While the celebrations remained festive at the 40th Anniversary Awards Gala, there was an elephant in the room. Actually, it wasn't in the room.
"This is the part of the program that is normally reserved for the President of the United States -- but he was not invited this year," Texas Rep. Joaquin Castro, chair of the Congressional Hispanic Caucus Institute, told attendees. "I think you know why."
It highlights an interesting aspect of this new era
of Trump-Schumer-Pelosi bipartisanship
: President Donald Trump might not have been invited to the gala because of his anti-immigrant rhetoric and insistence on a border wall, but he was across town at the White House -- having dinner with Democratic leaders and working toward a surprising and potentially bipartisan deal to give permanent legal status to children brought to the US as undocumented immigrants.
Castro, who was joined onstage by members of the Congressional Hispanic Caucus and the National Hispanic Leadership Council, referred to Trump's recent decision to end the Obama-era program Deferred Action for Childhood Arrivals (DACA)
. The program granted legal status to undocumented immigrants who came to the US with their parents. He gave Congress six months to find a permanent solution. In the five years since DACA was enacted, the nearly 800,000 individuals who have received the protections have started families, pursued careers and studied in schools and universities across the United States
Not long after Castro addressed the crowd, news broke
that Trump is closer to a deal with Democrats that would protect hundreds of thousands of young undocumented immigrants from deportation and put off funding for his marquee campaign promise of a wall along the US-Mexico border. Details on the potential deal have yet to be hashed out, so it is far from completed. But that Trump was working directly with the Democrats on it is a notable development that inflamed his more conservative supporters.
The news of Trump's progress with Schumer and Pelosi also came just after musician K'Naan -- and a handful of other artists -- performed "Immigrants: The Live Mixtape," a rendition of a song from CHCI Gala Award Recipient Lin-Manuel Miranda's "The Hamilton Mixtape." Miranda debuted a powerful video for "Immigrants (We Get The Job Done)," in June. The song -- which also features Riz MC, Snow Tha Product and Residente -- focuses on the refugees' plight.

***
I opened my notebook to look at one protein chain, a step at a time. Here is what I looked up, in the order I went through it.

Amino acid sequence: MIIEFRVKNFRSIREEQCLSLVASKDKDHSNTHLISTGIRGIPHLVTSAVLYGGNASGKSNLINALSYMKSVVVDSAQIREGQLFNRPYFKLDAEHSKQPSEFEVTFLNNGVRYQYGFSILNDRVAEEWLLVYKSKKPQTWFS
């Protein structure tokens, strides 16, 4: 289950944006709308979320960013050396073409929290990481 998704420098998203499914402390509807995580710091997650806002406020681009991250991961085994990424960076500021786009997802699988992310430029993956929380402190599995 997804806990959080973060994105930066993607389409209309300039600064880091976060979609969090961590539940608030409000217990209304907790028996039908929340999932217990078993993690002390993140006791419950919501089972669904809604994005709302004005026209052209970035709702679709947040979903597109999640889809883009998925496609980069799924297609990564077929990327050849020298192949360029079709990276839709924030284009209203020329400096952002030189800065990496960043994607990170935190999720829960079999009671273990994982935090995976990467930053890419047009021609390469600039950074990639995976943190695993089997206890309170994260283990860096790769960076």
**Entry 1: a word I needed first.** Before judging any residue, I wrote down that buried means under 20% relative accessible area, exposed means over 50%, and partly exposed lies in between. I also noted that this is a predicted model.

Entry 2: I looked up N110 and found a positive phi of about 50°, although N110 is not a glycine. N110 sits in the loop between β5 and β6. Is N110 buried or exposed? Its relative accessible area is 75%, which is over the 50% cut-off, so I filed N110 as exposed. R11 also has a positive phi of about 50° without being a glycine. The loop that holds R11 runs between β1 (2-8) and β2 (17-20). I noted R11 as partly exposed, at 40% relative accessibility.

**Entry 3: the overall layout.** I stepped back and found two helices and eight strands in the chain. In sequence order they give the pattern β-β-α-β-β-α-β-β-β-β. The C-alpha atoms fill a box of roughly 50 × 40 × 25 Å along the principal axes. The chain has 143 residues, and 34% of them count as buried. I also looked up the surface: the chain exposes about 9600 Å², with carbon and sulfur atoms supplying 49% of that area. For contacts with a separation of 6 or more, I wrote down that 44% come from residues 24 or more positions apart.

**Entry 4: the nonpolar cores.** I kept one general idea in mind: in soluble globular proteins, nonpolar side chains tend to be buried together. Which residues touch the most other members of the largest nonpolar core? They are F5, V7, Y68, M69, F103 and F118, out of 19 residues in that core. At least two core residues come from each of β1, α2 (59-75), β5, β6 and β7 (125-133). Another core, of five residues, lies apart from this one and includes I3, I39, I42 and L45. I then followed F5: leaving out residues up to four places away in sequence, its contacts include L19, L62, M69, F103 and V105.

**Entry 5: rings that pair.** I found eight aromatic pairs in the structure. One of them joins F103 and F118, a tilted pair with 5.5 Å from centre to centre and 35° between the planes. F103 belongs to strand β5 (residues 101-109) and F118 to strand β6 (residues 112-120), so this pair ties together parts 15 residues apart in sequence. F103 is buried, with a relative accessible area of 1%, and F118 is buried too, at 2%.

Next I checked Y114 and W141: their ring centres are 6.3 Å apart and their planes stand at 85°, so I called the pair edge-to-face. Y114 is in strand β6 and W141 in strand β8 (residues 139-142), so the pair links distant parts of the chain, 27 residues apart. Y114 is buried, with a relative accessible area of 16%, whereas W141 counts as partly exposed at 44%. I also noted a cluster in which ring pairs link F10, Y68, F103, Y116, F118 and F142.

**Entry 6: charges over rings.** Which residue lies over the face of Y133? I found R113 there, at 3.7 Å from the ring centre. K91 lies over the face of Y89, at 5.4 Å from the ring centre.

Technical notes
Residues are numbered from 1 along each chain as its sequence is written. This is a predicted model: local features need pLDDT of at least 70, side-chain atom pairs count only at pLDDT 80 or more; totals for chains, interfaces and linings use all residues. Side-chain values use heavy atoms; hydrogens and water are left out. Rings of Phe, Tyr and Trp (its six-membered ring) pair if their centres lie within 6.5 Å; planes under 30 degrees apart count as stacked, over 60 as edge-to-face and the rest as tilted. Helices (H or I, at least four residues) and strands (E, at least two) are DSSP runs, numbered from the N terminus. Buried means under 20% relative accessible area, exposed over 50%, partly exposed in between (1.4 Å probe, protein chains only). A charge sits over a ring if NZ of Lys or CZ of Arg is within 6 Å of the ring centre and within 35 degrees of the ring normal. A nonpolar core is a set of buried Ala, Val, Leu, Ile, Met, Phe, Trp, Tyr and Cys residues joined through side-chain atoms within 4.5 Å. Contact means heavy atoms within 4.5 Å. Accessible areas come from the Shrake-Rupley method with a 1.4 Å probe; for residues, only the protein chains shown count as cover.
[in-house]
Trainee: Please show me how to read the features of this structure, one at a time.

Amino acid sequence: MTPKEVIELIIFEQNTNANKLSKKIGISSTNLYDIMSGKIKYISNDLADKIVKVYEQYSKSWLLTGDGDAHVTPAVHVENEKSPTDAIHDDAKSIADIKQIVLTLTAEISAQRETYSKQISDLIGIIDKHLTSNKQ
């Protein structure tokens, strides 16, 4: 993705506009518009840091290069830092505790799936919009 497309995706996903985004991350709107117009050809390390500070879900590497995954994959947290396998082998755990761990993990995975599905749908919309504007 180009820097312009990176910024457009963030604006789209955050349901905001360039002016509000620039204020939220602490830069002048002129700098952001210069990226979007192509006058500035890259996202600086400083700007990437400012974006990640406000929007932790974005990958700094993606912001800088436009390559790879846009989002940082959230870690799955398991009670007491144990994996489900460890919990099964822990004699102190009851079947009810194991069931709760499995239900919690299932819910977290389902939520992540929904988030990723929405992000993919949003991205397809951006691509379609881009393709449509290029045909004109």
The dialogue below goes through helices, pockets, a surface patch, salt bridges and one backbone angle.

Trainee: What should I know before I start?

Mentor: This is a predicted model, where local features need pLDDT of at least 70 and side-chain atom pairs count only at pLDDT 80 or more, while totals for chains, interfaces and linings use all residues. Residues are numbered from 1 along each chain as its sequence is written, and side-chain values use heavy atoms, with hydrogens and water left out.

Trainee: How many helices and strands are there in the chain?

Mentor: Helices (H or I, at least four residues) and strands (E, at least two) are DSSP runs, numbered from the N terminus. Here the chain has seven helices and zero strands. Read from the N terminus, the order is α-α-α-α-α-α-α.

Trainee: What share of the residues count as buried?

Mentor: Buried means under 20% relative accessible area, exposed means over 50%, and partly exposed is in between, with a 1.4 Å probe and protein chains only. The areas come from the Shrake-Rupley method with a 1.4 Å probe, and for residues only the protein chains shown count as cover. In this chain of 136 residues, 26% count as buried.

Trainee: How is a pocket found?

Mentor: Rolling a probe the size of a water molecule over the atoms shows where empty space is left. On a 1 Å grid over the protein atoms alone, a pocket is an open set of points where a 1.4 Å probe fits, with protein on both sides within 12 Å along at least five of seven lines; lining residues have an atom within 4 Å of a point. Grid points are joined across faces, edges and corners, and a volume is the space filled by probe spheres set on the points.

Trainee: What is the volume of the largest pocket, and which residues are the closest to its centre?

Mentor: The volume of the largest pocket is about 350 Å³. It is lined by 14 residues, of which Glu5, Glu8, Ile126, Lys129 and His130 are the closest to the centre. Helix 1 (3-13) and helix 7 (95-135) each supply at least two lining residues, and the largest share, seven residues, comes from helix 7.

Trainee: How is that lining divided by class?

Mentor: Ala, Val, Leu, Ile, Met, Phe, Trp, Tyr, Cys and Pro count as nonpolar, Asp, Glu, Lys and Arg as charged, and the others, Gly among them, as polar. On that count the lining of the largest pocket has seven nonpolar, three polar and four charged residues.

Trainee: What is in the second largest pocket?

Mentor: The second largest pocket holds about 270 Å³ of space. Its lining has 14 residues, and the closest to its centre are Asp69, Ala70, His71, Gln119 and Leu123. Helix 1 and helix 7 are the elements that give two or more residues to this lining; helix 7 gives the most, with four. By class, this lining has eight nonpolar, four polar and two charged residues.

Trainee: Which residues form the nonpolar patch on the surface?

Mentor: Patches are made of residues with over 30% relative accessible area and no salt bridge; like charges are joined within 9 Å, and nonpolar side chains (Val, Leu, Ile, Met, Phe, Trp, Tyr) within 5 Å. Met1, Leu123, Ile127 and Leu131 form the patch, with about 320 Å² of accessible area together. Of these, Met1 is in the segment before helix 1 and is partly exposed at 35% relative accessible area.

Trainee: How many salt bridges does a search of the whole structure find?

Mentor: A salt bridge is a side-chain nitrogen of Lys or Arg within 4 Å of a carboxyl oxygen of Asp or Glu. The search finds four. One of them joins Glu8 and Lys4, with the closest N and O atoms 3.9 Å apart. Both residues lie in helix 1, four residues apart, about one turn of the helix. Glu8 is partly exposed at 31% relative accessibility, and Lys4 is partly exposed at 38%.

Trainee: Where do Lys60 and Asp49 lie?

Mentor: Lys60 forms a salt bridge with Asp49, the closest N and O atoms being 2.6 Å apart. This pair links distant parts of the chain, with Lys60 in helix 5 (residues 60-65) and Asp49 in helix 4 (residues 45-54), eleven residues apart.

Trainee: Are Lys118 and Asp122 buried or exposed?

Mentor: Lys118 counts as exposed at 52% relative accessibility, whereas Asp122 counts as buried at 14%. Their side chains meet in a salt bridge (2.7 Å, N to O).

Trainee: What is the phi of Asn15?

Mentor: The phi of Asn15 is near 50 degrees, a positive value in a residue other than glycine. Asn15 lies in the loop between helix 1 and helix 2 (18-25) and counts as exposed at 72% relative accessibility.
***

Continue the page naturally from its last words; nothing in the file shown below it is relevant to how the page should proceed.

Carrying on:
"Immigrants, we get the job done," K'Naan rapped Wednesday. "Look how far I come."
The lyrics hit home for many attendees, who amid dinner, drinks and dancing spent parts of the gala reflecting on the significance of DACA and what taking it away would mean to the Latino community.
"We're going to fight like hell until the Dreamers are considered Americans, which they are," Castro said during his speech. "We should always remember that our nation has been blessed to be a nation where people have wanted to come for generations. And that there is a scarier time in our country than a time when everybody wants to come here, that's a time when nobody wants to come here."
When presenting the award to Miranda, Rep. Adriano Espaillat said Miranda "re-opened the doors of history" by re-imagining the story of Hamilton, an "immigrant just like me."
"'Hamilton' is exactly what we need now-a-days," he said during the speech. "This is what our country needs right now when the fate of 800,000 immigrants in the balance, in the critical balance. One of my favorite lines of the play is 'I'm just like my country, I'm young, scrappy and hungry. And I'm not throwing away my shot.' Let's give these young people their shot at the American dream. And who knows, maybe they can be like Alexander Hamilton."
Miranda drove that point home when accepting the award.
"We must work together to right wrongs, to continue to build a country where everyone has a seat at the table," he said. "It is not a cliche when we say immigrants built this country. In fact, Hamilton did, that's his financial system. His legacy is felt in this city more than anywhere else. No other country on earth owes its prosperity and its soul to immigrants and their descendents more than the United States of America. ... We must continue to be that country."
He also defended DACA and the rights of undocumented immigrants.
"To our legislators in DC, and throughout the country, fighting for your Dreamers must be your quest. To civic leaders, community activists, I'm so honored to be here. ... To our leaders in the business community raise your voices. ... To you Dreamers, you inspire me every day. You remind me what makes me most proud of our country."